These include a new fund, new budgetary instruments and the functions of a possible European Minister of Economy and finance. Despite important institutional reforms to strengthen Europe's Economic and Monetary Union (EMU) over recent years, the Commission believes that the EMU architecture remains incomplete. The Roadmap reflects remaining challenges and sets the way forward. Delivering against the `Five Presidents' Report' (2015) and President Juncker's `State of the Union' (2017) address, the Roadmap is aligned with previous papers on the Deepening of the Economic and Monetary Union and the Future of EU Finances.
The Commission has announced four key initiatives:
The Commission is seeking to press ahead with the overall aim of enhancing the unity, efficiency and democratic accountability of the EMU by 2025, and to progress its agenda for jobs, growth, investment, social fairness and macro-economic stability. Bolstering the EMU's architecture is viewed as key in overcoming vulnerabilities, reducing disparities, enhancing economic resilience and securing economic growth and stability across Europe.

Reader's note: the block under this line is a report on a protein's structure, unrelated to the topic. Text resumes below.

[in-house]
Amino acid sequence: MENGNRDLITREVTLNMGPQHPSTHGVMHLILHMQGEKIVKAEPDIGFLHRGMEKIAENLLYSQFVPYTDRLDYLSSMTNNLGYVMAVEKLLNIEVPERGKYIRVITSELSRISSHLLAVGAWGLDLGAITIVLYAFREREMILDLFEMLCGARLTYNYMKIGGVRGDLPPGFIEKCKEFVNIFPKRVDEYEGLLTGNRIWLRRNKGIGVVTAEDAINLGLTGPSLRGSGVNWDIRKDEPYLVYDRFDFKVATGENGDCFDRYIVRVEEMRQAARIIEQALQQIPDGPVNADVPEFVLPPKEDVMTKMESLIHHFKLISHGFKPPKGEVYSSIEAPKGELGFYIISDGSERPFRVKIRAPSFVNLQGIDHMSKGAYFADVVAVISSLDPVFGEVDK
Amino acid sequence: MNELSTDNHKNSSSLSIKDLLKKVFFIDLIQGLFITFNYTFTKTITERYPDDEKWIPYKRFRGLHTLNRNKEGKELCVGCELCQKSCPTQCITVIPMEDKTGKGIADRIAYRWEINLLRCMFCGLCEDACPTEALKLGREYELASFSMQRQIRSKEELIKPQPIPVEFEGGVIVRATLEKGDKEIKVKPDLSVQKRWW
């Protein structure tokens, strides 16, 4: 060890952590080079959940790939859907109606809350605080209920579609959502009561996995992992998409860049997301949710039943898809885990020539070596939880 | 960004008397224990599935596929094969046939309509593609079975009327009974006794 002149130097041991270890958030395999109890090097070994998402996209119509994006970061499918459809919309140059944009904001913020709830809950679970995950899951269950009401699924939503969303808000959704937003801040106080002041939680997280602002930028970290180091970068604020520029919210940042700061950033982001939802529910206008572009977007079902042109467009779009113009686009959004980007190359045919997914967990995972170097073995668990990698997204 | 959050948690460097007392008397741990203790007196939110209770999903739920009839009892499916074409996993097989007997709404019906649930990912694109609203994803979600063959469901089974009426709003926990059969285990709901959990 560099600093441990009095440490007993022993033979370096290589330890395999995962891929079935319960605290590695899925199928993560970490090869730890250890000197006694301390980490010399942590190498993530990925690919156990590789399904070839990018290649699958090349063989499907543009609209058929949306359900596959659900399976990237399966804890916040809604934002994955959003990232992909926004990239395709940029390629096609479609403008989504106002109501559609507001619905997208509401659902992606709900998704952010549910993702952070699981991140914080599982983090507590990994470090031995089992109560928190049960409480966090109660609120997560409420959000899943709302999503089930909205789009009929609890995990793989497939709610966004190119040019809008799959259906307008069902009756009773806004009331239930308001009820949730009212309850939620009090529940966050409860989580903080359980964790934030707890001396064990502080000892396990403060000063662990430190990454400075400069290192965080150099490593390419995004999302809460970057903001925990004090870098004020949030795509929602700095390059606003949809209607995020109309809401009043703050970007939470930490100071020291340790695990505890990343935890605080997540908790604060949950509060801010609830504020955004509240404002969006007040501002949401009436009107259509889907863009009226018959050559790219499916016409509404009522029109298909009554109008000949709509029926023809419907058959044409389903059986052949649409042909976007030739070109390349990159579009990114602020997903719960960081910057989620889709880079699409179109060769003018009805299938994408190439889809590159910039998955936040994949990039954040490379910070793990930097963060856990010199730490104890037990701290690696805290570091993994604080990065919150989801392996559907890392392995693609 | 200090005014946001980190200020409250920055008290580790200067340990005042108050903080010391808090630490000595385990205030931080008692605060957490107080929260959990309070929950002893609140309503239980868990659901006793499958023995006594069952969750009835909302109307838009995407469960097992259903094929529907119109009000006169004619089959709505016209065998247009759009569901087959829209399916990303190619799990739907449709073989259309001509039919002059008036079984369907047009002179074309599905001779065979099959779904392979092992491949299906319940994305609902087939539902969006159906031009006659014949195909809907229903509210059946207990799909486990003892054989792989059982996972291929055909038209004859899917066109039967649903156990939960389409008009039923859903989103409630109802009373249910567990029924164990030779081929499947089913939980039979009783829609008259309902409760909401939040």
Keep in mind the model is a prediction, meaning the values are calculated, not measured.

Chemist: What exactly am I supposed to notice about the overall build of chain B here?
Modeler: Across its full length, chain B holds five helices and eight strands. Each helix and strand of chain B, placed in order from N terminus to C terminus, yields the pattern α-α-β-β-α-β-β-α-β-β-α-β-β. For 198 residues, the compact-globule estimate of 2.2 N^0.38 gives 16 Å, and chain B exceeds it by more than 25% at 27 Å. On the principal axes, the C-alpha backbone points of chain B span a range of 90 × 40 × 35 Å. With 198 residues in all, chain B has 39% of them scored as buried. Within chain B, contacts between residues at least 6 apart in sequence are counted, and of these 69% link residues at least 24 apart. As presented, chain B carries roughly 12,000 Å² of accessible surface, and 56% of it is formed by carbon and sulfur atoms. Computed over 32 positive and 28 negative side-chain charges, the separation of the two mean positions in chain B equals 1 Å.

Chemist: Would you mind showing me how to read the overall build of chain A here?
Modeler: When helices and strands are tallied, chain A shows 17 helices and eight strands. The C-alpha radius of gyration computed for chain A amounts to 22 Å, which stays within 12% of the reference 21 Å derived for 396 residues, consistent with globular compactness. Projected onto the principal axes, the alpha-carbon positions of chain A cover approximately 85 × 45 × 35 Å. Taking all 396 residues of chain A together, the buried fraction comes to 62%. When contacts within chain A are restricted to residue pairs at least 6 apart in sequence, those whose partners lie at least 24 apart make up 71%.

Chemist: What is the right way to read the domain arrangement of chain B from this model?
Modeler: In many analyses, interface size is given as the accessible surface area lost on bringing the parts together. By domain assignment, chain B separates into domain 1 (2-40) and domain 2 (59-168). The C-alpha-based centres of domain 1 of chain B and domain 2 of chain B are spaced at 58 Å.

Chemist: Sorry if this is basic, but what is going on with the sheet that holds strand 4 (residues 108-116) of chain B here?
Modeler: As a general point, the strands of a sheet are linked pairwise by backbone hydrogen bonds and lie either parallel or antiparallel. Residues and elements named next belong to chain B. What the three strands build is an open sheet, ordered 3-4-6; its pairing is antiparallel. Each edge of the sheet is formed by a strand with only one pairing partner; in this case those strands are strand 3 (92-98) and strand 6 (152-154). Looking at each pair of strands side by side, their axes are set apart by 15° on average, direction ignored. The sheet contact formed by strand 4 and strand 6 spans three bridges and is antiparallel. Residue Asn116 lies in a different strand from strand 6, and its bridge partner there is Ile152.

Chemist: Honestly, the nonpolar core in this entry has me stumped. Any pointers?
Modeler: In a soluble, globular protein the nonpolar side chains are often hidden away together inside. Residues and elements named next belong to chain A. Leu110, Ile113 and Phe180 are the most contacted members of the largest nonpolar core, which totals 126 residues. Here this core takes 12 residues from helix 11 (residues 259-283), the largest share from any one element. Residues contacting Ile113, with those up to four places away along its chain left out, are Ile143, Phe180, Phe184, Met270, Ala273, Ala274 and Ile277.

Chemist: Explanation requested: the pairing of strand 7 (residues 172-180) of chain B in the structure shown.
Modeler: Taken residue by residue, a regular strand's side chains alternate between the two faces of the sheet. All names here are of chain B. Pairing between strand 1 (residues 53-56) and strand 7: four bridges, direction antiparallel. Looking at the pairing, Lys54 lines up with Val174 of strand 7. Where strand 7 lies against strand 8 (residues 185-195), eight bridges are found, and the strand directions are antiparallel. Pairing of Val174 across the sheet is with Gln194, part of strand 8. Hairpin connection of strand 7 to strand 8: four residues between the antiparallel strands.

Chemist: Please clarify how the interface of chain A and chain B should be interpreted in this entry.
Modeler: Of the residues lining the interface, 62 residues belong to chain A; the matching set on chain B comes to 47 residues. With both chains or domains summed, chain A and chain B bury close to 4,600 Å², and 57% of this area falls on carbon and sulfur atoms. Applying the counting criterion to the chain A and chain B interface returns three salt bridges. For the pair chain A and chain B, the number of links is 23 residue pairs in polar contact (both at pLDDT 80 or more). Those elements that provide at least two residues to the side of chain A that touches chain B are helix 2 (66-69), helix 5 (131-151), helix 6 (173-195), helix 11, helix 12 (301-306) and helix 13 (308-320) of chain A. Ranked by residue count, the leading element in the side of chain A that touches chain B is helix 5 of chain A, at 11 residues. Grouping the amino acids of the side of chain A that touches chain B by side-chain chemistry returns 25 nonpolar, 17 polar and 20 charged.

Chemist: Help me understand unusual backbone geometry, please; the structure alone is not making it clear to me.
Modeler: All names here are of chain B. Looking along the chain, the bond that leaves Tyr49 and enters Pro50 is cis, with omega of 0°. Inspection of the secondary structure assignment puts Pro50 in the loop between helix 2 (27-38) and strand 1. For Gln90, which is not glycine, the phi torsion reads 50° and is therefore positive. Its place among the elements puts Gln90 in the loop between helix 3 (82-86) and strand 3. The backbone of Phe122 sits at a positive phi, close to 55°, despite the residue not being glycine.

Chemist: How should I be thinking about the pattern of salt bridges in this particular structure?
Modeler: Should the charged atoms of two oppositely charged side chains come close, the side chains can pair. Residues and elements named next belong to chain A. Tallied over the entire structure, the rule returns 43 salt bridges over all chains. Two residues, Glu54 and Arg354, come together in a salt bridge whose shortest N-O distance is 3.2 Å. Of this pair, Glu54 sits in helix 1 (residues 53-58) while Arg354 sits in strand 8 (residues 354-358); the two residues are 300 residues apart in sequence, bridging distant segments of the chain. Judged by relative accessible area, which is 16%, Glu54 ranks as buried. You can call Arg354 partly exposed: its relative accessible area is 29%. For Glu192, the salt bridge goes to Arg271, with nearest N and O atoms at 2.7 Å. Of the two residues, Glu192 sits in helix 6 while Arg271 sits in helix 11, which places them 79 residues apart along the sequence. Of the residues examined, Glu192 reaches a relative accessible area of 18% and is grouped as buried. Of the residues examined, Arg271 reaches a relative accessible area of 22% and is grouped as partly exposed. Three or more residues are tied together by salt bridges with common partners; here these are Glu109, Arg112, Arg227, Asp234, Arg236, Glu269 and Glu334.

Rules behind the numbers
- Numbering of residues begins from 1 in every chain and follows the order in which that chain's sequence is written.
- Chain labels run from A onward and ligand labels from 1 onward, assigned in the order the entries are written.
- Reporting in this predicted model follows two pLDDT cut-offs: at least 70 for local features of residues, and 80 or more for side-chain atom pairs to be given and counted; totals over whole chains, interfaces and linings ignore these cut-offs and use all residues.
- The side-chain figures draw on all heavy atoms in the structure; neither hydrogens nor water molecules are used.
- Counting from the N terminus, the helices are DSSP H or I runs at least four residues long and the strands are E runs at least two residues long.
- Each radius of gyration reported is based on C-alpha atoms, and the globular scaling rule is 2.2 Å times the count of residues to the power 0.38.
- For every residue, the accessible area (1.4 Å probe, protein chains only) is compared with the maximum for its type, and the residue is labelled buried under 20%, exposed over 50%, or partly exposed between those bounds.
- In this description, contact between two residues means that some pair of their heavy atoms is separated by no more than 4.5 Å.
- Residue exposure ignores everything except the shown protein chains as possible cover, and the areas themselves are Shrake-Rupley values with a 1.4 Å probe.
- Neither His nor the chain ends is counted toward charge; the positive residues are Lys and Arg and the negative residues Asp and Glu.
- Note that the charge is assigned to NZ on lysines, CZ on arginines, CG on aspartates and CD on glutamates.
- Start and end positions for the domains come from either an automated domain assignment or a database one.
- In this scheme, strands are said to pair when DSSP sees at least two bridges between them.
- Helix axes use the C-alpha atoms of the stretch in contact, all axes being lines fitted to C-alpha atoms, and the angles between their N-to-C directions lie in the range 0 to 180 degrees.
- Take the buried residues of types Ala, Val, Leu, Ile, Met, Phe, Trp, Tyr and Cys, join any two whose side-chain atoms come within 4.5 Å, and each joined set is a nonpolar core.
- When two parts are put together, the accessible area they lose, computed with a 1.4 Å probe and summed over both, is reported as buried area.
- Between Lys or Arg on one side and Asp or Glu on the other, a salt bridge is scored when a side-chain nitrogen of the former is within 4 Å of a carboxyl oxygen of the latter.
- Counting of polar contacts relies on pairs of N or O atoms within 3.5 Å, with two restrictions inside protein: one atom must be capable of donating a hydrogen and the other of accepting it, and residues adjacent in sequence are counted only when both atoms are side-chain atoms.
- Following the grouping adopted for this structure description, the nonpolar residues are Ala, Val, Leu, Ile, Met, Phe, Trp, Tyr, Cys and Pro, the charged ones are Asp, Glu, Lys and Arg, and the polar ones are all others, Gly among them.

It is one of ten priorities targeted for completion before conclusion of the current Presidency term, which also include the digital market, sustainable finance, migration policy and democratic change. This would seem an impossible agenda, but persistent geo-political tensions and uncertainties, including Brexit, are creating additional impetus.